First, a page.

With cloud cost optimization strategies and solutions, enterprises gain a more holistic view of their infrastructure. They can understand the inefficiencies in their processes and how their assets are handled. Executives will have better insights into their systems and be empowered to make data-driven decisions.
While the cloud is essential for an organization’s digital transformation, it can also be a hindrance if not properly managed. Organizations often struggle to adapt to changing market conditions and customer expectations due to the costs associated with change.
But with the improved visibility offered by cloud cost optimization, organizations can quickly tweak their strategies and predict their impact. They’re empowered to adapt, change rapidly, and use systems that work best for them.
During digital transformation, legacy systems are typically either replaced or kept unchanged.
With cloud cost optimization, organizations can explore strategies to move legacy solutions to the cloud. By analyzing the existing cloud systems and the expenses associated with them, businesses can migrate them without incurring huge expenses.
Cloud cost optimization is inherently linked to the business processes of the organization. Here are a few of the common use cases for cloud cost optimization.
Cloud cost optimization strategies offer executives and enterprises opportunities to better manage their cloud.
In many instances, there’s a gap in communication between CFOs and engineers in explaining the cloud expenditure. It’s also difficult to communicate and educate employees on how they can individually reduce their cloud expenses without affecting their productivity or deliverables.
Enterprises can use cloud cost optimization and gain deeper understanding of their real-world usage and associated costs to educate their team members and have the data for better conversations (and decision-making) between executives and engineers. With education comes better use of resources.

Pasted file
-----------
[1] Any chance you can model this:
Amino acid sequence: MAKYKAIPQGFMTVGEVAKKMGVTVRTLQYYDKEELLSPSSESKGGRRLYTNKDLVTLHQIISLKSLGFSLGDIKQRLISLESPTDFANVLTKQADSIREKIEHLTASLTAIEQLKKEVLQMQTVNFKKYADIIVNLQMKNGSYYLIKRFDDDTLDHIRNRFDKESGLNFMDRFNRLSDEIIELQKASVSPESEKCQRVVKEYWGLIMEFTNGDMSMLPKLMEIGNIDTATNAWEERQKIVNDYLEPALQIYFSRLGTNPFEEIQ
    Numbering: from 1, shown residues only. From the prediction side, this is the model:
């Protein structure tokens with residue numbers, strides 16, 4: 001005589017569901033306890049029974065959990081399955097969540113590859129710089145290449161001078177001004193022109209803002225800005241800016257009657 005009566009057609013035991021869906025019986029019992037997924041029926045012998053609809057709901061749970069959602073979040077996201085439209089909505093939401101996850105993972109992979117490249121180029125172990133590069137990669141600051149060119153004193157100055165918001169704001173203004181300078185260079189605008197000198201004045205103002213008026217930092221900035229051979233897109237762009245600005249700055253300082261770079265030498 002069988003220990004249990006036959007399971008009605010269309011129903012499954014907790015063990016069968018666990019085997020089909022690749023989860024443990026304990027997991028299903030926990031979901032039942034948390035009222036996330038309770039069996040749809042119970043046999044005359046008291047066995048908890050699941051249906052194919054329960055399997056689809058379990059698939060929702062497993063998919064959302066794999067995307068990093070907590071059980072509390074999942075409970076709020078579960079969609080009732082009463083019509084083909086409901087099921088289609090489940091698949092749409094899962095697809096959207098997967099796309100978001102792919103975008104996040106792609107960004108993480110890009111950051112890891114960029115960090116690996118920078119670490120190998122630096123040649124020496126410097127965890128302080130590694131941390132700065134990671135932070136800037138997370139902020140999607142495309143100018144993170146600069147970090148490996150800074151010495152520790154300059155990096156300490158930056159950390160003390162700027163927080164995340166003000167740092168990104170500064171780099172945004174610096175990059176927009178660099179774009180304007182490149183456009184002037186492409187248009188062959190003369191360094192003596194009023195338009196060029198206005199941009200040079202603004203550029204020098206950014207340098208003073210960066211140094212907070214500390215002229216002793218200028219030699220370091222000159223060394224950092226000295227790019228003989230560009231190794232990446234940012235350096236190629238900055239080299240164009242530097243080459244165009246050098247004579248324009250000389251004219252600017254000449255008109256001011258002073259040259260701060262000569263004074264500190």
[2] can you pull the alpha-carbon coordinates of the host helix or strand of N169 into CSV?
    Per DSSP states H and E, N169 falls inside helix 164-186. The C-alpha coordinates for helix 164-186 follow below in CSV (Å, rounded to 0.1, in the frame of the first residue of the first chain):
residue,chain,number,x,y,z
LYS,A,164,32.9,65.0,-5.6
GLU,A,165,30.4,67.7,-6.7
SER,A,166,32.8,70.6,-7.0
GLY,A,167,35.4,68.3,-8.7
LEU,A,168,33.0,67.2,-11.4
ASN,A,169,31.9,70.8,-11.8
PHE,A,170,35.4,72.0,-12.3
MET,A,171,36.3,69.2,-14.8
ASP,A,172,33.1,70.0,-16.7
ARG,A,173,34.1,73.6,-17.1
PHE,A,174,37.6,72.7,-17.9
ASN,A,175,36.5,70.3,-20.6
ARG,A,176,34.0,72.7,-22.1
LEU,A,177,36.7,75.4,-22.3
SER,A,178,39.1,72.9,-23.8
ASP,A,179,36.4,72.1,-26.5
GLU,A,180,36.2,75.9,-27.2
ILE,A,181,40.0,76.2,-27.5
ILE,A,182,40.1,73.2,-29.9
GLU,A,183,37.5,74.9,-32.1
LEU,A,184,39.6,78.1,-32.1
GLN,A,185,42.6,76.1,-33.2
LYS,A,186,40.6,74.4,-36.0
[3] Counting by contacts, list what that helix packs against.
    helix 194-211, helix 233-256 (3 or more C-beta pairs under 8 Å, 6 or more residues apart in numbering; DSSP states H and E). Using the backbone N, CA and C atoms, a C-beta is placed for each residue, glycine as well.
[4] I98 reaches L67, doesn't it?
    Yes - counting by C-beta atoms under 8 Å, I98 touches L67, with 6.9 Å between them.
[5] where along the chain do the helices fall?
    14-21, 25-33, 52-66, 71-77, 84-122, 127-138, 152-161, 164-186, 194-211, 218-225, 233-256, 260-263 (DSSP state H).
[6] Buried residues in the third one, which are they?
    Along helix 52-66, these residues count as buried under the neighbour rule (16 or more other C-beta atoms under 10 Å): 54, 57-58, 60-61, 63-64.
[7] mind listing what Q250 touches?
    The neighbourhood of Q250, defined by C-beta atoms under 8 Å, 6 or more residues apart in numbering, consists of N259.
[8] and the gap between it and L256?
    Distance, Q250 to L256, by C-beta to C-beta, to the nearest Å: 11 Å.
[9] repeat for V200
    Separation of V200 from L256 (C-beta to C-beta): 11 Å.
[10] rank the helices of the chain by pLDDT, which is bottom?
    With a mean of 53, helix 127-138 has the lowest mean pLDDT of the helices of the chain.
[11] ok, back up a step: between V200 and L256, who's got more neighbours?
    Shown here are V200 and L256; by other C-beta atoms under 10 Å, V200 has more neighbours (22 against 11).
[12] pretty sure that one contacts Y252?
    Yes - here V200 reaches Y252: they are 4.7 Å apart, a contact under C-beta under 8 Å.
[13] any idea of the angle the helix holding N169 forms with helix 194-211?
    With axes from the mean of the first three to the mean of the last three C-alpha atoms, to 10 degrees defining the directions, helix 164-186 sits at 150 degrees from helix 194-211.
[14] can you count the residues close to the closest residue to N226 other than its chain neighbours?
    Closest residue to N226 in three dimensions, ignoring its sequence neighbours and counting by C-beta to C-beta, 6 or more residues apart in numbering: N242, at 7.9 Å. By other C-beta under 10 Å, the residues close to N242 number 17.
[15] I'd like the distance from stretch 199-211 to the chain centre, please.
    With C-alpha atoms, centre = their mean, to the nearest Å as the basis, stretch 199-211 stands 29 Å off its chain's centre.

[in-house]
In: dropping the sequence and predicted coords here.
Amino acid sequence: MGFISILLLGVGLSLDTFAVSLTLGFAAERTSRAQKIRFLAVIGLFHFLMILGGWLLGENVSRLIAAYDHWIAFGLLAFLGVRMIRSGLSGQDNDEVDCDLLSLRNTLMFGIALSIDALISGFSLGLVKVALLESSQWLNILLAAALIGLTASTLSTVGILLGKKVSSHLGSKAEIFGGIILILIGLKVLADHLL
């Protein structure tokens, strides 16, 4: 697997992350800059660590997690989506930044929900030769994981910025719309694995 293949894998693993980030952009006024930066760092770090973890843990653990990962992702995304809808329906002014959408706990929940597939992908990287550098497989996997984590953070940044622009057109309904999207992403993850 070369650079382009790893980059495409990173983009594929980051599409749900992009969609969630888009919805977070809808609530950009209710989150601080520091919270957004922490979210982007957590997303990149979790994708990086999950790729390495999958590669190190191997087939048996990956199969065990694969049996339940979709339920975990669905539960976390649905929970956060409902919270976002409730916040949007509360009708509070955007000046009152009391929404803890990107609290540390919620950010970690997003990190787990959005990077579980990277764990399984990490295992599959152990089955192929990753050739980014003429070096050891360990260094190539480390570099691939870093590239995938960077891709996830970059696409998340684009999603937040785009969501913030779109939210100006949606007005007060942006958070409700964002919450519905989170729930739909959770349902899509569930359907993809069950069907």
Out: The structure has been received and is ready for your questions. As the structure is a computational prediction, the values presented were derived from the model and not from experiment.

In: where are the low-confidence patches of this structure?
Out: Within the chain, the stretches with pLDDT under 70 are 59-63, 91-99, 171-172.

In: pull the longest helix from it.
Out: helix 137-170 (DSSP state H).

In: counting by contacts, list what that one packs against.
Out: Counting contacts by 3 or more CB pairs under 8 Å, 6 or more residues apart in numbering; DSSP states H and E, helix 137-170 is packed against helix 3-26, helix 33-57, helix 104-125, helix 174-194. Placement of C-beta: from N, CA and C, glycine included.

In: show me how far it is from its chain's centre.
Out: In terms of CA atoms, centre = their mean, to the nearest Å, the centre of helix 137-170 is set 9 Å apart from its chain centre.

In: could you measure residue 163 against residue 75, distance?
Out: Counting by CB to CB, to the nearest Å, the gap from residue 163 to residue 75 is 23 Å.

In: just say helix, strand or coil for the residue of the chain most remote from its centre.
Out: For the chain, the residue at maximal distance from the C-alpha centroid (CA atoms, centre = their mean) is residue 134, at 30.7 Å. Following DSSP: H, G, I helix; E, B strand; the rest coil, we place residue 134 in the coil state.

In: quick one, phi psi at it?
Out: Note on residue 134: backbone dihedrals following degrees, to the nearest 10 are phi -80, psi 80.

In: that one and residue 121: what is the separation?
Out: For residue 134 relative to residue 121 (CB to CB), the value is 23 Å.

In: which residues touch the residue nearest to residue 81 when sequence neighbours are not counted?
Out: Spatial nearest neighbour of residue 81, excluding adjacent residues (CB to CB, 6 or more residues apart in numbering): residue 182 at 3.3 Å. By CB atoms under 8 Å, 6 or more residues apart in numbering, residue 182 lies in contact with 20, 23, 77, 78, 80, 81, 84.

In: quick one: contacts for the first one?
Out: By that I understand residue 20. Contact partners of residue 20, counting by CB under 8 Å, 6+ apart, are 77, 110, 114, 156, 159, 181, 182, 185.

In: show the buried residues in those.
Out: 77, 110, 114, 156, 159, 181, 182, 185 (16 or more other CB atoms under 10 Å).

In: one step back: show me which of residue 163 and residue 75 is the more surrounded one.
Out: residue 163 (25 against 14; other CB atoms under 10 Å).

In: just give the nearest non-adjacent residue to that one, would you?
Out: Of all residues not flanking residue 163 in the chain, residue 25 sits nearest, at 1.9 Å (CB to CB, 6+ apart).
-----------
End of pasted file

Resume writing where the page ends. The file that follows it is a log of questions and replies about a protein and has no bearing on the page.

Teams often produce the best output when given the responsibility to handle their own cloud budget and resources. But if not managed properly, costs can spiral.
Organizations can use cloud cost optimization strategies to better track their expenditures and connect them to cost centers like applications, teams, and even individuals. With these techniques, businesses can empower teams and employees to do their best work knowing they have visibility and accountability for their usage.
Businesses can use cloud cost optimization tools to get better clarity on billing and pricing for the cloud infrastructure. While most vendors try to provide as much detail as possible regarding cloud spending, it's still not easy to predict costs at the end of a billing cycle.
With the right tools, businesses can review invoices in conjunction with much deeper insight into usage to better understand how they’re spending their cloud budget. They can identify the projects, teams, and applications that are using the most resources and focus on optimizing them.
With unique insight into their cloud infrastructure, executives can better understand how the business uses different resources and better align them with the business goals.
This awareness helps organizations understand the software and automation of their infrastructure requires. Executives gain insight into the gap between solutions the business needs and what they already have.
As cloud technology and adoption matures, businesses and IT experts have developed practices that work best to optimize costs. Here are a few of them.
The cloud costs of any organization will be dynamic. Over the course of a year, the demand for different services will fluctuate and the business will need to change its strategy to adapt.